Sunday, March 23, 2008

Around the World Quilts

An "Around the World" quilt looks something like this:



It's a very gratifying kind of piece to make, as it looks a hell of a lot harder than it really is. What you see when you first look at it, if you don't know the trick, is just how many individual pieces of fabric there are. Even in the little piece shown above, there are 15 little (1 1/2", 1" cut) squares in each row and column making, what, 225 pieces total. But! you do not have to cut out and sew together 225 pieces in order to make an Around the World.

Here's the trick. (I will illustrate with images from the very finest quilt design software application available, the name of which is “MicroSoft Excel.” Ask for it at your quilt shop!)

1. Once you've chosen your sequence of fabrics -- at least seven, in a clear progression from light to dark color values, is best -- cut long strips of each of them.


2. Sew the strips together, in sequence.

3. Cut new strips, perpendicular to the original ones, out of the units you made in step two. Make them the same width as you cut the original strips in step one.


4. Then, piece these new strips back together, offsetting them by one fabric width each time.


Voila! There's a little more too it, of course, but you get the basic idea.


I've only made two true Around the Worlds, the one above – it was a gift for my mother, which is the very definition of "coals to Newcastle" -- and this one, which you've seen before.




Then there's also a few that have played with the Around the World idea, like this one from 2000:


Or these two, from 2006. These are called Partway Around the World I & II; one hangs at our house, and the other belongs to friends in England. So, the name is a kind of double-meaning sorta dealie.


Incidentally, although all of these I've shown are wall hangings, it's possible to make very large quilts with the same method. You just either a) make your strips wider, b) use more fabrics, or c) repeat your sequence of fabrics two or three or four times. It looks great, but I've never done it myself.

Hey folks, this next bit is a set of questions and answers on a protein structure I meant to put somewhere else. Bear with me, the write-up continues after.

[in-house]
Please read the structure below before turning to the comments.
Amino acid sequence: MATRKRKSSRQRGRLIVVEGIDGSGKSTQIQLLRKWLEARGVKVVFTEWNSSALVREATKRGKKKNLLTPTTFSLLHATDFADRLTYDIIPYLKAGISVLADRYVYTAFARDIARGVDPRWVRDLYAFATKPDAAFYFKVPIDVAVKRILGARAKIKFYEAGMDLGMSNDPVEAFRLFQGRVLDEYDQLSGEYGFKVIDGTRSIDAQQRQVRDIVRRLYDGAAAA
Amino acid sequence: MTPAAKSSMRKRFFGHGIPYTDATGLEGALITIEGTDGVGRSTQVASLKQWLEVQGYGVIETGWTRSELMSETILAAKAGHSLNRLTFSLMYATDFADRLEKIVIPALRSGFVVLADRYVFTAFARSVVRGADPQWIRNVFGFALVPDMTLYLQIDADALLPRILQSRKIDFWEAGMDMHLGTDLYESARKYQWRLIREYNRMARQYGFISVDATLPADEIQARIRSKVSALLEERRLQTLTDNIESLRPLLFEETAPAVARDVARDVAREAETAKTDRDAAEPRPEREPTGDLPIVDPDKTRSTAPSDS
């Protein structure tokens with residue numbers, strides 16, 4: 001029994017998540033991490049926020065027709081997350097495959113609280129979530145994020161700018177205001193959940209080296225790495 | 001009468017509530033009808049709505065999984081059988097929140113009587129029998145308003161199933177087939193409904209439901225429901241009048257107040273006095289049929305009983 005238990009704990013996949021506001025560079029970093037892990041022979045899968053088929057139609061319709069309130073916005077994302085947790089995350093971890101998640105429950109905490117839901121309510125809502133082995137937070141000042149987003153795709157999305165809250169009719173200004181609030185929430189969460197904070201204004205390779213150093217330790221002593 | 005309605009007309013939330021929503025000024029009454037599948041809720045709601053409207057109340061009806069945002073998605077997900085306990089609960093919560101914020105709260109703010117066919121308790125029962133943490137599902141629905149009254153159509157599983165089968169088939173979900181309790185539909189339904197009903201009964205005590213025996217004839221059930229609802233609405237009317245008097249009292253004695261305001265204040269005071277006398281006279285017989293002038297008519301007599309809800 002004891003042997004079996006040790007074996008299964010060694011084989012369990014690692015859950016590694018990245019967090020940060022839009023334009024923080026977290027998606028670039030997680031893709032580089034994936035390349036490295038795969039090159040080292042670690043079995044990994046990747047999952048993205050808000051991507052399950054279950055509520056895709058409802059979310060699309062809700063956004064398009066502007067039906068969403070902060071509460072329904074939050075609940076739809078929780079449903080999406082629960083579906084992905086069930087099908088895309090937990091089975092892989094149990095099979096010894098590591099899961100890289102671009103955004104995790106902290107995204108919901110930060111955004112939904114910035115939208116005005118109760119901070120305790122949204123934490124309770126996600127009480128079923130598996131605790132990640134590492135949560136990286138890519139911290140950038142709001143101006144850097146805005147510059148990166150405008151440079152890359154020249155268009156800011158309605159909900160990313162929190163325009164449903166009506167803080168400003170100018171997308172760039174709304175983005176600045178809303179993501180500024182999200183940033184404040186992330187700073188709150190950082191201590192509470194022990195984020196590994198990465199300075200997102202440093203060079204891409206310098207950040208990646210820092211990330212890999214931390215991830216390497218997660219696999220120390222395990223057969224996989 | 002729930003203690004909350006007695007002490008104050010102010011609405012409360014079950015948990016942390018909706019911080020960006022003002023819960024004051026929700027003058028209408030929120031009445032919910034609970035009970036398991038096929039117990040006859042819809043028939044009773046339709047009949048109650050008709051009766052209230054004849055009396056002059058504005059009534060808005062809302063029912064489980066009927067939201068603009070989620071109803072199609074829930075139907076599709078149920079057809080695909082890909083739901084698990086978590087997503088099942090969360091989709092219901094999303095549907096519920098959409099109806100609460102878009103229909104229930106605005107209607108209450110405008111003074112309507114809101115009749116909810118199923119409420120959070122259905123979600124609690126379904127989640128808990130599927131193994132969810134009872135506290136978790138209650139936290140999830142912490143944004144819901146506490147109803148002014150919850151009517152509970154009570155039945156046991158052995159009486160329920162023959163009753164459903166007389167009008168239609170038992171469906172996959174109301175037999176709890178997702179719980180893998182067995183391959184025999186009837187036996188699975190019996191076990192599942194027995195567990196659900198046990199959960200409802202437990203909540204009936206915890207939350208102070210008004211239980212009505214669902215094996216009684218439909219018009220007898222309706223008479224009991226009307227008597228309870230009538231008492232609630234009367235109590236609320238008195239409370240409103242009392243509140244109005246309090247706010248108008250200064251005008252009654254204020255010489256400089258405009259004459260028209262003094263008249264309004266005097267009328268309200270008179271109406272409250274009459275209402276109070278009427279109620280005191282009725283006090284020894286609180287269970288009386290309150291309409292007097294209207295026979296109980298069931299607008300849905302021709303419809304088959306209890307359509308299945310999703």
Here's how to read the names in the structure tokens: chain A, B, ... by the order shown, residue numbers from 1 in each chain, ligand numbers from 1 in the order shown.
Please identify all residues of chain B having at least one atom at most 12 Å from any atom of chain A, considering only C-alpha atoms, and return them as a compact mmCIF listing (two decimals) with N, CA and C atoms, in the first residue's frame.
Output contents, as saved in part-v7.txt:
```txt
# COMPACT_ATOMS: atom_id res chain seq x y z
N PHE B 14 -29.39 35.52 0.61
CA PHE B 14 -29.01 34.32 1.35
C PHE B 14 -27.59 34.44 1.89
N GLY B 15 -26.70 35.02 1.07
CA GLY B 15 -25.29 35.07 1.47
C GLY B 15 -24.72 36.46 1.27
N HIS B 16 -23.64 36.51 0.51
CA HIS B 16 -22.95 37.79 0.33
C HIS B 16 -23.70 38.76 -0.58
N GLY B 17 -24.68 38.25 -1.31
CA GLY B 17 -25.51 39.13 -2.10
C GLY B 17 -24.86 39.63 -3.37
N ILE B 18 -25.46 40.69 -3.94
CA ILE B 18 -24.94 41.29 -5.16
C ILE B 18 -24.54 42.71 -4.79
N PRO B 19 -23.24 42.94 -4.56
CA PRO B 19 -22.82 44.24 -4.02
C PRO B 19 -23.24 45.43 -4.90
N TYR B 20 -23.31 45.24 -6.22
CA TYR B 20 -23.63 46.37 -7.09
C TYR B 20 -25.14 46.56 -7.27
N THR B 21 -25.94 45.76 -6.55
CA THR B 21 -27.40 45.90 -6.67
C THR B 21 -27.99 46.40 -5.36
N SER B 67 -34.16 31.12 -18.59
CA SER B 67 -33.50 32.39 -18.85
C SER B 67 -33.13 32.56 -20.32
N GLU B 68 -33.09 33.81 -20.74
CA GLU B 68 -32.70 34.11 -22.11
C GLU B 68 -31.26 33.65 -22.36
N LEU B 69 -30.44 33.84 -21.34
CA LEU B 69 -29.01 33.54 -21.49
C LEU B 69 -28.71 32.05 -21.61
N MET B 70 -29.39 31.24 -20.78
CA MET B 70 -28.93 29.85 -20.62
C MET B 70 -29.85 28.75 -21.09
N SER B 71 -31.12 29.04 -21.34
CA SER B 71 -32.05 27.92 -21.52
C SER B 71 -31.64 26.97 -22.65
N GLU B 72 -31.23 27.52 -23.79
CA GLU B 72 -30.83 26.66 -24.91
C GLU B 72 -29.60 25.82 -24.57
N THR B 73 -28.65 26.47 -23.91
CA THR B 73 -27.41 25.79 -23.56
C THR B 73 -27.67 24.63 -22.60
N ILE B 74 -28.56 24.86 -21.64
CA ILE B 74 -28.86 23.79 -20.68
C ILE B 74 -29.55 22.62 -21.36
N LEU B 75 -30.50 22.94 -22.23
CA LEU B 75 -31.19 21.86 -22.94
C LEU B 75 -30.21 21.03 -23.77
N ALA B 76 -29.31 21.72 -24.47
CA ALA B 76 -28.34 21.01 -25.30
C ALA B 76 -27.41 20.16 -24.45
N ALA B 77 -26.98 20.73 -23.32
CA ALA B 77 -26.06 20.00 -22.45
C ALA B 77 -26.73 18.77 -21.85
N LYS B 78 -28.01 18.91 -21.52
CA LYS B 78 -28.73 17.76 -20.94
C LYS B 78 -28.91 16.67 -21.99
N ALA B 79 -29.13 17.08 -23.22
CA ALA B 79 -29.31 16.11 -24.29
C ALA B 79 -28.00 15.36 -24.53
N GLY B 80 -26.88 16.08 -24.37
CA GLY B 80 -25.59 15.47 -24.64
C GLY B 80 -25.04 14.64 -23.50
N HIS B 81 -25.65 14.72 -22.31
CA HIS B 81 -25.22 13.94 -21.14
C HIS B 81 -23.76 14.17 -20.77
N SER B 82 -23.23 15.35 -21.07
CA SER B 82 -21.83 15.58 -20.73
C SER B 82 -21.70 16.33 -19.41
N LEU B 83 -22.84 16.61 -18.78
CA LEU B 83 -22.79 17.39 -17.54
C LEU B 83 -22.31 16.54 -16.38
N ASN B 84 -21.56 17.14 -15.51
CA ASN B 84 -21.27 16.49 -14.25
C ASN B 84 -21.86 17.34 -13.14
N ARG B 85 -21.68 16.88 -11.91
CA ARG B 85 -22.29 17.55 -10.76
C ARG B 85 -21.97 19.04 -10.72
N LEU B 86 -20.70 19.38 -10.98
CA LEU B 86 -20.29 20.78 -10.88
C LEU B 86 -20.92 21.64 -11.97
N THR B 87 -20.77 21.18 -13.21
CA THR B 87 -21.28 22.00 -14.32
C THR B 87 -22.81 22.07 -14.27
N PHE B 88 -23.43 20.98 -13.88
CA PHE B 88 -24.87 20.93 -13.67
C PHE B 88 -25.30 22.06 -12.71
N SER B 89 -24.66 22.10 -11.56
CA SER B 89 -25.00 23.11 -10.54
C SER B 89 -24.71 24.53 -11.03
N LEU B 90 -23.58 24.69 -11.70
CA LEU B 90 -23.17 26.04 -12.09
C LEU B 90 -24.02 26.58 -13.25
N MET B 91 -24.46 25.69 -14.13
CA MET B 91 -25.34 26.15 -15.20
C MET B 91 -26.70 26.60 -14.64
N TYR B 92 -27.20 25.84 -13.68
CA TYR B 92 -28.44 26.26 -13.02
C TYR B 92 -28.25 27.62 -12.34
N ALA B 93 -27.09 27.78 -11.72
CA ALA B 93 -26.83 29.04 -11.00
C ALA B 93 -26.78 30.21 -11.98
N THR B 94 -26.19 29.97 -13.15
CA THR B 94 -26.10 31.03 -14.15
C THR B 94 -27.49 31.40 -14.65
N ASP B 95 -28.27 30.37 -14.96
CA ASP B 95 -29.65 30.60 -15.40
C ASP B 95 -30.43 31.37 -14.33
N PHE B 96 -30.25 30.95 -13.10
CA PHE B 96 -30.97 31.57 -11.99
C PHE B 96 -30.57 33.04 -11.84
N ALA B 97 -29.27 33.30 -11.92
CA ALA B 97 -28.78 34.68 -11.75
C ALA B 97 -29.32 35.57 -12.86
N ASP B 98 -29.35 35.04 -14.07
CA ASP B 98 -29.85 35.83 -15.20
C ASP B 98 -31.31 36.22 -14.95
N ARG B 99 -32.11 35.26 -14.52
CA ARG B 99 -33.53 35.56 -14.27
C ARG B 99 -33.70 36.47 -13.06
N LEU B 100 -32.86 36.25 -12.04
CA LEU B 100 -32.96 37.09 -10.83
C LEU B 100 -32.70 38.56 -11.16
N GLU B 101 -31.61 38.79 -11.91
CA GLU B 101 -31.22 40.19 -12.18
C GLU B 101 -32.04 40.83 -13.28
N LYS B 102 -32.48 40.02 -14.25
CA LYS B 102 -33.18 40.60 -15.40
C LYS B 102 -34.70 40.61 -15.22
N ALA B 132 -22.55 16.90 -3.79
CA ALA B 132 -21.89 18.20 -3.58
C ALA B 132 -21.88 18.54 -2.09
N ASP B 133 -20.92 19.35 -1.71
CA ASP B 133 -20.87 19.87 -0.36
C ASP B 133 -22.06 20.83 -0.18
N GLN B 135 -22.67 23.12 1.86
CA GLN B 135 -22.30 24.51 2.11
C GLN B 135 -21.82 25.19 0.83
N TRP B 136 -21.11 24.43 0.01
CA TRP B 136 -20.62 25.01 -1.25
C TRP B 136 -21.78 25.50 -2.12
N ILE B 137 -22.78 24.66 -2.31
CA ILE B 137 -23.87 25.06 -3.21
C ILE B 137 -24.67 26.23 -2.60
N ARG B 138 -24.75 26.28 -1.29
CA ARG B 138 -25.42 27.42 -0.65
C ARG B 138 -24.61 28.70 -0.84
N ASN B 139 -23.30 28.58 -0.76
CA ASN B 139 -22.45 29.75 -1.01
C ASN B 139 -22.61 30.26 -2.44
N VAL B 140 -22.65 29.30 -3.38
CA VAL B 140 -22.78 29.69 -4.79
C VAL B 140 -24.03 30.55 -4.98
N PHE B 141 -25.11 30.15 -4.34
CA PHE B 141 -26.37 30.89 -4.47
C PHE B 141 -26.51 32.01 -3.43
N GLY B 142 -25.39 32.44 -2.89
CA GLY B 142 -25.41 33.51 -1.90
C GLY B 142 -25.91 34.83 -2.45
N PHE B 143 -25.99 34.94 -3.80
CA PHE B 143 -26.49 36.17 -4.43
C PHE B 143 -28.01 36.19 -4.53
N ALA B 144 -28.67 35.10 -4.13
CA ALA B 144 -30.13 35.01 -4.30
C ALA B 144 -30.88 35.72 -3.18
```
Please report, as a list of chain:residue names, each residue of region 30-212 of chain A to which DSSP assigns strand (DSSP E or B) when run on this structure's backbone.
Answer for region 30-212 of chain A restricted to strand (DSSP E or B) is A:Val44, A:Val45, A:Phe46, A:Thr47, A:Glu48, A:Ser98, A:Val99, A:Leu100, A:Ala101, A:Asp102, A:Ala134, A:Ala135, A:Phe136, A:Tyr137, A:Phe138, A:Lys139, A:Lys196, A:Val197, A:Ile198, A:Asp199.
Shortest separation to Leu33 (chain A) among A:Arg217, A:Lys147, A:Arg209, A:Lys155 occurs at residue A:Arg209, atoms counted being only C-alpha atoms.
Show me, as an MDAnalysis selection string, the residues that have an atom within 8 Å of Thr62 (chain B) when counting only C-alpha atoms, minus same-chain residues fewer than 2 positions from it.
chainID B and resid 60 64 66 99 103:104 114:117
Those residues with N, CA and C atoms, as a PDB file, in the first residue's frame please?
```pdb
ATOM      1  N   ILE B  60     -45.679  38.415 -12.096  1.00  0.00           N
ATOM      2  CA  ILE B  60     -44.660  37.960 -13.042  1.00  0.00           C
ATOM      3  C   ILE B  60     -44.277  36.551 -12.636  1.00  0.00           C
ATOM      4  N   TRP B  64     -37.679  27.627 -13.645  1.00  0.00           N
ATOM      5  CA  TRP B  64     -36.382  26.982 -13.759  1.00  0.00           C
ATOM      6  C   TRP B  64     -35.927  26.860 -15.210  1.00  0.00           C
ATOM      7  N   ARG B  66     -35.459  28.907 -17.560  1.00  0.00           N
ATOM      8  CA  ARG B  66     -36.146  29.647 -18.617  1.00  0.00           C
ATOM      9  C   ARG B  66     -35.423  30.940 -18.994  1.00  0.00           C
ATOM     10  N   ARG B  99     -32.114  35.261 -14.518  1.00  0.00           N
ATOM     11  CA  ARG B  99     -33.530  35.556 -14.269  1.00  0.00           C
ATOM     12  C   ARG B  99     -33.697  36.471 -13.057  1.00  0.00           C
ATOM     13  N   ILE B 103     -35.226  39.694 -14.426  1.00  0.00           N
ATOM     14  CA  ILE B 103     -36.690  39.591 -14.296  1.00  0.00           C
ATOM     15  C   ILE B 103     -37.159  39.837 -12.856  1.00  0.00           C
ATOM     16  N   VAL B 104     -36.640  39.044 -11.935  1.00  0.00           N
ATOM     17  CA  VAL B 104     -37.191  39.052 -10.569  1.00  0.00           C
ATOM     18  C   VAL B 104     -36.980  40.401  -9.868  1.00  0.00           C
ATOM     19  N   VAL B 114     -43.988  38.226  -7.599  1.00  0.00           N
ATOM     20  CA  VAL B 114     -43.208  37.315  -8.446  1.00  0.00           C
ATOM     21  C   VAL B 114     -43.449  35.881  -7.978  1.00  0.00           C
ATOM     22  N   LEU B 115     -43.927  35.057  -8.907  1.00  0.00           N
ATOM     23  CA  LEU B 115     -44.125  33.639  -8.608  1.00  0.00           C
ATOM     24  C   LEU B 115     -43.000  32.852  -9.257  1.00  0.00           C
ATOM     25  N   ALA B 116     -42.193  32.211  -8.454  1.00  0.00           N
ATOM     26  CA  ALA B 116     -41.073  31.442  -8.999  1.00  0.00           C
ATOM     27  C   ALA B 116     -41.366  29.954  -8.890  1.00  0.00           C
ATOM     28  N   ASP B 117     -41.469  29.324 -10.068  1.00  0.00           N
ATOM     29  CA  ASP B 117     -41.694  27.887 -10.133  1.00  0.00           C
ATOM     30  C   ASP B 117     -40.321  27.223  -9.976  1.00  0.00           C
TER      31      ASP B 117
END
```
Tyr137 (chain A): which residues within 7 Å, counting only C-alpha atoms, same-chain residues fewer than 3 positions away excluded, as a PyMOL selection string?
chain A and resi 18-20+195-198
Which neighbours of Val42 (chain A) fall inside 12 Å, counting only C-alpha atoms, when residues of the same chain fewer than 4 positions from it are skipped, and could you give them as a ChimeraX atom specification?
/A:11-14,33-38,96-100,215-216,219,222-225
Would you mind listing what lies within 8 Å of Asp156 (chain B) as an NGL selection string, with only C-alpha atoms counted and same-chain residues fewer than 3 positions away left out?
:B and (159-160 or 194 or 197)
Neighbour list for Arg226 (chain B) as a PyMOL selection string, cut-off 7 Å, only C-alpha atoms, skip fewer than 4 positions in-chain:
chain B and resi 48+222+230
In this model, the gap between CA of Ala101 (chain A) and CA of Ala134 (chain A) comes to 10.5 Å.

OK, I’m out of here. Thanks for reading.

10 comments:

jovaliquilts said...

So is there a difference between your variations on trip around the world and one type of bargello? I think your two-part trip quilts are great -- I love the idea of sharing a quilt with a friend that way.

And your "quilting software" is something else! ;)

Exuberant Color said...

I like the one from 2000. Trip is one of my favorite patterns to fall back on when I don't know what else to make.

SisterDG said...

Microsoft Excel as a quilt design tool = Genius. I can't believe I wasted all those hours rocking the graph paper.

Beth said...

Very nice tutorial and cool quilt!

I'm just a lurker....hi!

gl. said...

i love the last diptych. and i'm with sisterdg: excel instead of graph paper will work for all sorts of crafty things! hooray!

Rebel said...

Around the World quilts are not my favorite - but I do like your variations... and the one you made for your mom is beautiful.

Elaine Adair said...

My word - why didn't I think of this. I dislike my EQ program (why? I don't know) but I LOVe my spreadsheets! Duhhh - thanks for the idea! Now I can LOOK like I'm working at work, and can be playing! LOL

Susan Ramey Cleveland said...

Love your Trip Around the World and Bargello quilting. You're great with colors. Nice tutorial too. Thanks.

Libby said...

Man when I made mine I somehow (can't remember how) sewed the strip sets crooked so that the best I ended up with parallelograms when I cut them apart. I salvaged it somehow but geez...leave it to me to mess up such an easy pattern! It was still super fun and I hope to make more...once I finish the one I have sitting at home that is 90% quilted and just waiting for me to be in the same state as it.

Anonymous said...

This is great.
I have just bought some more material and have been on the net for about 4 hours trying to work out how to make a quit. You have made things a lot easier. Many thanks